Linux

An entire operating system, complete with its own selection of applications and features to explore. I’ve been doing so primarily through virtual machines on my work laptop, but I plan to dual boot Sonoma and Ubuntu 24.04 on my 11-inch MacBook Air now that this new long term support release is available.

The most interesting thing about Linux to me is the myriad of windowing managers. I can’t say its necessarily better than what we have on macOS, but it has plenty of innovative ideas that has me working a bit differently — using multiple virtual desktops never clicked with me on macOS like it has in Linux.

Self-hosting

There isn’t much that excites me more than being able to eliminate my reliance on a service controlled by someone else. I have three servers where I run various applications from my home office alongside a Linode and SiteGround account where I run services as well.

Plex and Mastodon likely get the most use from me, but I’m also a huge fan of Invidious, Miniflux, and Wallabag.

I’d like to self-host even more and should be doing so soon. I’m waiting on the arrival of an Umbrel Home. It should be here in the next few weeks. I have Umbrel running on an old Mac mini now, but it seems to bog down quite a bit when I have more than a few applications running on it. I expect the Umbrel Home should handle things a bit better.

Emulation Handhelds

I have a Retroid Pocket 2+ and a Retroid Pocket 3. Both of which are excellent devices for what they are, but I’d love to have something that features a bit more horsepower for PlayStation 2 and GameCube emulation.

I’ve been hemming and hawing over whether I want to get myself an Ayn Odin 2 or a Retroid Pocket 4 Pro. I believe both of them would be able to run the games I’m interested in, so it’s just a matter of which form factor is preferable to me.

I just love the idea of having a single device that can run all of the games from my childhood.

Emulation on the App Store

Apple updated their App Store guidelines earlier this month to allow for retro game emulators in the App Store. It’s still very early days and Delta appears to be the clear standout. It supports Nintendo systems up to Nintendo 64 and Nintendo DS.

I’m still using AltStore for now, though. Delta is a great emulator, but it just doesn’t compare to RetroArch in terms of the number of systems supported. I expect RetroArch will eventually make its way into the App Store, but that will take some time. I’m sure there are some changes that will need to be made to the app to fully come into compliance with Apple’s guidelines.

I’m okay using AltStore for now, but I’m excited about a future where I won’t have to resort to hacks in order to run this type of software on my own device.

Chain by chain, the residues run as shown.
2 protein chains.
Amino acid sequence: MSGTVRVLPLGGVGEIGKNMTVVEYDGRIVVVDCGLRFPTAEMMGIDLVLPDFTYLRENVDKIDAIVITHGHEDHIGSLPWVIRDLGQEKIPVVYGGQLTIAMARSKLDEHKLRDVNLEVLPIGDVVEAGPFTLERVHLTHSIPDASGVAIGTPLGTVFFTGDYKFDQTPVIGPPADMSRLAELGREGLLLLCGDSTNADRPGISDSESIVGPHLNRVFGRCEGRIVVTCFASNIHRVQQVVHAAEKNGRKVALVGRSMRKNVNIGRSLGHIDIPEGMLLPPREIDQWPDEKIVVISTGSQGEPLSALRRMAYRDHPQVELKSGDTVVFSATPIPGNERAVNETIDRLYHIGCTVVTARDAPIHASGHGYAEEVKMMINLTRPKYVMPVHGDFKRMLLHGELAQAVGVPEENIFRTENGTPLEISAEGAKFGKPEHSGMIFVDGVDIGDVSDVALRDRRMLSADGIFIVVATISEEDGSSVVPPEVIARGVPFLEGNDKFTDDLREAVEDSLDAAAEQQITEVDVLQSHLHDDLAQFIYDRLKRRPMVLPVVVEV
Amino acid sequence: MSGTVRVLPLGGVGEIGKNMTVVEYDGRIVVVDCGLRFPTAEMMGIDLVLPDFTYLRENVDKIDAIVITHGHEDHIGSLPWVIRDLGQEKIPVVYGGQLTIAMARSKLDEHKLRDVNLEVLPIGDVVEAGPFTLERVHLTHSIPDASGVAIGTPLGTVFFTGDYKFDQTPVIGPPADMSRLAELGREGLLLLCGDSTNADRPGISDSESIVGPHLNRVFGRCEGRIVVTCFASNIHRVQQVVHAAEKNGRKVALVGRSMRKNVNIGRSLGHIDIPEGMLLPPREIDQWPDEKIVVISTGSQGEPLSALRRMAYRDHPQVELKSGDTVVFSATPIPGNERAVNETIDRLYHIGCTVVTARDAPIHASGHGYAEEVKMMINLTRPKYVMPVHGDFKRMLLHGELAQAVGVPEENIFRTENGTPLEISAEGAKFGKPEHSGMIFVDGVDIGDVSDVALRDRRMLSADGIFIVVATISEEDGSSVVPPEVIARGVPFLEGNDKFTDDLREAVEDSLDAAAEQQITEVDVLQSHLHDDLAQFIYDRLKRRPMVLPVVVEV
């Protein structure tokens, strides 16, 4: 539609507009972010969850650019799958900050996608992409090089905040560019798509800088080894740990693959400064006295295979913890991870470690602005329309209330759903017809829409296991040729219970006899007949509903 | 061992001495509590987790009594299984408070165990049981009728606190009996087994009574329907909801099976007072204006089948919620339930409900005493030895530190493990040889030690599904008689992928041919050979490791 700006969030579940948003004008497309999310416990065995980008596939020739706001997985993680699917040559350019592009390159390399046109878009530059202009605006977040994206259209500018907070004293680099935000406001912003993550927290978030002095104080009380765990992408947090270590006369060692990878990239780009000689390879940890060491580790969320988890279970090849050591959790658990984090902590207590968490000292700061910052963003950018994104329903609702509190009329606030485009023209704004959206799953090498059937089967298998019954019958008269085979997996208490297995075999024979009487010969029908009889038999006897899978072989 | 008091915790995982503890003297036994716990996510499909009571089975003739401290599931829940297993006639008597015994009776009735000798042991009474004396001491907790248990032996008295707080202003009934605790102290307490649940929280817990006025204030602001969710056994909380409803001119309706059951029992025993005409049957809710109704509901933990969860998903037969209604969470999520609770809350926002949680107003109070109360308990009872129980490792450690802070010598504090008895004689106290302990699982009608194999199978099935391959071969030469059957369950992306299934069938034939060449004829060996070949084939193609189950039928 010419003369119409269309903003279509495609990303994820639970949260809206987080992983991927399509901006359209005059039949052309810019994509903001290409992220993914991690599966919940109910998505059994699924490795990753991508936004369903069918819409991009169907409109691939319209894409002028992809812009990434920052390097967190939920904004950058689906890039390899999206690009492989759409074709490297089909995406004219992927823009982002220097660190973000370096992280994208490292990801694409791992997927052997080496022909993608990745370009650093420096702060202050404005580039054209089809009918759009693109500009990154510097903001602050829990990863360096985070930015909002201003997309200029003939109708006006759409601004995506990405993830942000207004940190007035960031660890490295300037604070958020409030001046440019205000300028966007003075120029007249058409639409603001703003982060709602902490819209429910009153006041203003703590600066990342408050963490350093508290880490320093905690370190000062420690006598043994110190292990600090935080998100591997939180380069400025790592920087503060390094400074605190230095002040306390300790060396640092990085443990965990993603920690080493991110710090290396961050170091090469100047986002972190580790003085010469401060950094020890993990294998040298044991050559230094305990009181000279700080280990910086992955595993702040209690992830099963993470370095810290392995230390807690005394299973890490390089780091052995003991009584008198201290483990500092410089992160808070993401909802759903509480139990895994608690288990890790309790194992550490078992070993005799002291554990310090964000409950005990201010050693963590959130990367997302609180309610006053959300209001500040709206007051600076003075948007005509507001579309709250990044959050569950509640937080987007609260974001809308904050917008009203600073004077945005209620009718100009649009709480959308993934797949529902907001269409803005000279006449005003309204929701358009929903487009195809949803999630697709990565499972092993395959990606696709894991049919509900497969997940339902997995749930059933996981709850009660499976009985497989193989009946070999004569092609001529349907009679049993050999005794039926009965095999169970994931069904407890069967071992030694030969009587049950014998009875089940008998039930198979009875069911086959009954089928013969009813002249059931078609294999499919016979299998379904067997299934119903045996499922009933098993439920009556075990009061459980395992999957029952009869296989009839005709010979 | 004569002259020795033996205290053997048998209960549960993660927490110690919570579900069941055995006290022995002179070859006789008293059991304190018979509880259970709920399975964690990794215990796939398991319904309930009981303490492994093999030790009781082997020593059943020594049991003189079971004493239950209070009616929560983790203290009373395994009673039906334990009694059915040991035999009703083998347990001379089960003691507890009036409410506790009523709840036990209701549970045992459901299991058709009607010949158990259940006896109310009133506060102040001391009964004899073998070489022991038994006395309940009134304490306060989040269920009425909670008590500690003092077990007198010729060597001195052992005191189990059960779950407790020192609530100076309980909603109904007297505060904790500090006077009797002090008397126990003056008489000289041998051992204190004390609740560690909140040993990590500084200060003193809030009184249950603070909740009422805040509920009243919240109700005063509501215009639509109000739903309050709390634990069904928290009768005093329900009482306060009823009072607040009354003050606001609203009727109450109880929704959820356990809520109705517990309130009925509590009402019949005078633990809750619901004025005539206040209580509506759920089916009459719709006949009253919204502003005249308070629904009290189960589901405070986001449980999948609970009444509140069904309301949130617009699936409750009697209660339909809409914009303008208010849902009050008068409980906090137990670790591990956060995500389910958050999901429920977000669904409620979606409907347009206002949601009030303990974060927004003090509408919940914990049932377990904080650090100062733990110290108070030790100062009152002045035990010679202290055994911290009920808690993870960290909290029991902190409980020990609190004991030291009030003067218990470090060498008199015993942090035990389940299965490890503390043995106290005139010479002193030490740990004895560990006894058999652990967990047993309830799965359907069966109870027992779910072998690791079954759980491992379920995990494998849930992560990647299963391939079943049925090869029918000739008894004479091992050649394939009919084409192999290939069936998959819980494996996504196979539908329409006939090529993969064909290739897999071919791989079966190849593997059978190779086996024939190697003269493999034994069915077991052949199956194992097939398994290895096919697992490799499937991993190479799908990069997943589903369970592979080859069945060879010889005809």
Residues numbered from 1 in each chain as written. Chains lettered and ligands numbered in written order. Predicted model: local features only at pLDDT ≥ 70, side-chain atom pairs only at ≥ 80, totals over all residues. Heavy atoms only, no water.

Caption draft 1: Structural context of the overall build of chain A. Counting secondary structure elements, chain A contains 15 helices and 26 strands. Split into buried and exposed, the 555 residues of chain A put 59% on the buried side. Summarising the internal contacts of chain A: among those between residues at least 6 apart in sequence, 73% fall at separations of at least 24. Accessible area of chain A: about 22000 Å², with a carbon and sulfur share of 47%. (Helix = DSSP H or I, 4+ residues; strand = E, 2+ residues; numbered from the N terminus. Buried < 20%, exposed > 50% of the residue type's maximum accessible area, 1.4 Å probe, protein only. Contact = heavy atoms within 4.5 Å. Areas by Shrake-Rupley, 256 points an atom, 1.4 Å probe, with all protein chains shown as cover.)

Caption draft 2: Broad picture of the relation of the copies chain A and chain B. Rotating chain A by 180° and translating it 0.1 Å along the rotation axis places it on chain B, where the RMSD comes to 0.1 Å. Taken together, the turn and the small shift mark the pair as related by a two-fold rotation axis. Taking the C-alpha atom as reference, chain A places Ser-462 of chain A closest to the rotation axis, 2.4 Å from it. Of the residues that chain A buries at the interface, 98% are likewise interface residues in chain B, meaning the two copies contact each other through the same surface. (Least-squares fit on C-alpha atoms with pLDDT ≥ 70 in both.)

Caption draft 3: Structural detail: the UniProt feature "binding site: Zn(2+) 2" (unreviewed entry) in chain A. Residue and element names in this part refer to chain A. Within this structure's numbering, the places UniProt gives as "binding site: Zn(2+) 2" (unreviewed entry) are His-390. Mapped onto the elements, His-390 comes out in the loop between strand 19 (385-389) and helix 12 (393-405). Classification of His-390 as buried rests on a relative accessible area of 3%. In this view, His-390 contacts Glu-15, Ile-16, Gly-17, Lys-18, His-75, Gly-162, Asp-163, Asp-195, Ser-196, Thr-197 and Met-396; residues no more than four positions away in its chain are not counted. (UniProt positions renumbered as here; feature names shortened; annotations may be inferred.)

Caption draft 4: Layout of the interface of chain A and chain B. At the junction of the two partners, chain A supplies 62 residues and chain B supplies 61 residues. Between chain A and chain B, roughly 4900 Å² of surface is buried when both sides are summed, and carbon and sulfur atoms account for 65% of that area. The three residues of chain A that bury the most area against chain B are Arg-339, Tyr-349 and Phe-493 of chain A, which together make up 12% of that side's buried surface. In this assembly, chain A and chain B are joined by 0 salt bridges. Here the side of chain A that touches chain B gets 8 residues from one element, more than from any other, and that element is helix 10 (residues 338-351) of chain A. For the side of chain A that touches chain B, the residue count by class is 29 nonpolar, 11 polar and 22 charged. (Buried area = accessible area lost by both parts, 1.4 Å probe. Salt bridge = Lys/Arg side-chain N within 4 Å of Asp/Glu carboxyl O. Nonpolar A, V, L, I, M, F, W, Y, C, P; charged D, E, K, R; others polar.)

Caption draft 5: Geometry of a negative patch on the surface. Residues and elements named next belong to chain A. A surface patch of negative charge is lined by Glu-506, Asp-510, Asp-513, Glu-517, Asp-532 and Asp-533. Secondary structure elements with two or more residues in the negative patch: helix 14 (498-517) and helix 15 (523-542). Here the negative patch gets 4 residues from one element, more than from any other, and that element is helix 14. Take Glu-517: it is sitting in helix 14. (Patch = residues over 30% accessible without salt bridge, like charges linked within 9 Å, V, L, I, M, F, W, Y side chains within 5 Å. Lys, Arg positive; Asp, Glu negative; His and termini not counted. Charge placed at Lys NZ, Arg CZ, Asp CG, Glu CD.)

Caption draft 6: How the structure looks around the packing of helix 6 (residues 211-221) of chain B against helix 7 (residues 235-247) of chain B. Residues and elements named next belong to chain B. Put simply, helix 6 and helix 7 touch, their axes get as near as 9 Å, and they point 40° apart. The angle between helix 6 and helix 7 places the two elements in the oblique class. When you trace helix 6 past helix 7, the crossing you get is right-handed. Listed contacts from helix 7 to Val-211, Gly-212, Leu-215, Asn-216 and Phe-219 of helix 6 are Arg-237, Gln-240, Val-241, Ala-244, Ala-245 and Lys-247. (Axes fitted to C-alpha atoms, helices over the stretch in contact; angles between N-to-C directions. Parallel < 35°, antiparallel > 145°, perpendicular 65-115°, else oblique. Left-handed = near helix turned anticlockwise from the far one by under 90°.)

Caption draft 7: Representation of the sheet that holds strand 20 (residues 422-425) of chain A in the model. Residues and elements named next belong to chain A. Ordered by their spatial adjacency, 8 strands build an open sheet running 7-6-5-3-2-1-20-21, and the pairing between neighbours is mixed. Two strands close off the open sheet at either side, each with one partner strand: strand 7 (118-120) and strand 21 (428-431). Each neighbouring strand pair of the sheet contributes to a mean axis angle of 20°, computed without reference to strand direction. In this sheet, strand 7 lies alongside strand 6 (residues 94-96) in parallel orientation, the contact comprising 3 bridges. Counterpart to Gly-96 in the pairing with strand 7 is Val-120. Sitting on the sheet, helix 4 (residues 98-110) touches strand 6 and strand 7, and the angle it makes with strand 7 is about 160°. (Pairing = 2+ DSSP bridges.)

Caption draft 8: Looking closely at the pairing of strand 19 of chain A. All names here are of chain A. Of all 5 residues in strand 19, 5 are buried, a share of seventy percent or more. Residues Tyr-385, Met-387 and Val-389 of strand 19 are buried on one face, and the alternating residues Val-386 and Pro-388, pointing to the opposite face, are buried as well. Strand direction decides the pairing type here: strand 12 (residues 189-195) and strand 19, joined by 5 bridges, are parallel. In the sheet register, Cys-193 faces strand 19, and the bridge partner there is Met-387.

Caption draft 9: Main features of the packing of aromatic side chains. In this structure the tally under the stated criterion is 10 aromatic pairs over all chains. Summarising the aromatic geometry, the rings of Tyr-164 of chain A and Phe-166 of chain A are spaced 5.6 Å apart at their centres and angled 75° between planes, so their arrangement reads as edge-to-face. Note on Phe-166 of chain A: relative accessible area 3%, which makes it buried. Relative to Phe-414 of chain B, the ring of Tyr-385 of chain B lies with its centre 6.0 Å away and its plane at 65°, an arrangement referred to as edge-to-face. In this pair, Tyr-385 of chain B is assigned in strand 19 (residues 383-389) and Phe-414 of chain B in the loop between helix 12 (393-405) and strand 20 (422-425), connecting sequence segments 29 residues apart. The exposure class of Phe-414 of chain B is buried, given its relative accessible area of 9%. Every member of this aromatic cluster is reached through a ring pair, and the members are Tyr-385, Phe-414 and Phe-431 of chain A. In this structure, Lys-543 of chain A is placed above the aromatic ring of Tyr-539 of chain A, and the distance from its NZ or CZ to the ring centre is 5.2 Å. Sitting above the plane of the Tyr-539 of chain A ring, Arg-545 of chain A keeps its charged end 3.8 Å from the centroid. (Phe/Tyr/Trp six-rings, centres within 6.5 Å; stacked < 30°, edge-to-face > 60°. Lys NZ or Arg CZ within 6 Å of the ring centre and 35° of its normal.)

PC Building

I built a gaming PC last fall, with the goal of having it run Steam as a headless home server. I’m using one of these inexpensive display emulators and interacting with the system entirely through Steam Link and VNC — using Screens. With this setup I can play any PC game I’d like and emulate more powerful systems from any device in the house — most often my iPhone and the living room Apple TV.

For anyone curious, here are the parts I used for the system:

  • AMD Ryzen 5600 Processor
  • AMD Radeon RX 7600 Graphics Card
  • 32GB of Crucial DDR4 3200 Memory
  • ASRock B550M-ITX/AC Motherboard
  • 2TB Crucial NVMe Solid State Drive
  • 4TB Samsung SATA Solid State Drive
  • Fractal Terra Mini-ITX Case
  • Noctua NH-L9x65 CPU Cooler
  • Corsair SF750 Power Supply

It’s not the most powerful thing in the world, but it’s more than capable of playing everything I’ve thrown at it. And since I’m streaming everything over Steam Link, I’m not all that concerned about playing anything at high resolutions — 720p or 1080p are more than sufficient for my needs.

But with this project, I’ve started paying attention to the world of PC hardware again. Primarily through YouTube channels like Gamers Nexus, JayzTwoCents, optimum, ozTalksHW, and more. This is an area of tech that I haven’t really paid attention to since the early 2000s. And, boy, does it feel fresh and exciting in comparison to Apple hardware.

Steam Link

How amazing is it that you can just play games from your PC on all of your devices? I can have Skate 3 running in RPCS3 on a computer in my home office and use my iPhone as a display and a Backbone One as the controller. Or I can use the television in my living room paired with an Apple TV and an 8BitDo Pro 2 controller.

Steam Link is to video games as Plex is to movies and TV shows.

There are definitely times when the bandwidth just isn’t there, but most of the time everything works smoothly. And I’m sure it will get even better if I actually work on running ethernet to all of our Apple TVs — a project that never seems to receive the priority necessary to accomplish.

iPods

I recently purchased an iPod from Elite Obsolete Electronics. It was a 5.5-generation model that I paid to have modded with a 128GB microSD card and a brand new face plate, backplate, and click wheel.

I’ve since toyed around with just about every feature the device has to offer. I’ve added Click Wheel games, played around with the Notes feature, setup a preset in Handbrake to convert video to a compatible format, and it’s been a blast all along the way.

There’s something nice about using an offline device. Something that, by its very nature, only has the content that’s on it right now. If I want something new, I have to connect it to a computer and sync. It allows me to be a bit more intentional about the content I’m consuming.

Currently, the iPod is my primary method for podcast and audiobook listening. Huffduffer is a great tool that I’ve been getting a lot of use out of for adding random audio files to the iPod.

I’ve also been using the iPod for the majority of my YouTube viewing. I download the videos with my Invidious instance, convert them with the aforementioned Handbrake preset, and then add them to the Apple Music app for syncing — I’ve found it to be a bit easier to add them to the Apple Music app as music videos rather than adding them to the TV app.

The Magic Is Gone


— April 16, 2024

Action Button as Game Launcher


— March 31, 2024

11-Inch MacBook Air


— March 28, 2024

Emulation on iPhone


— February 29, 2024

Assistive Access


— February 7, 2024

My First Macintosh


— January 24, 2024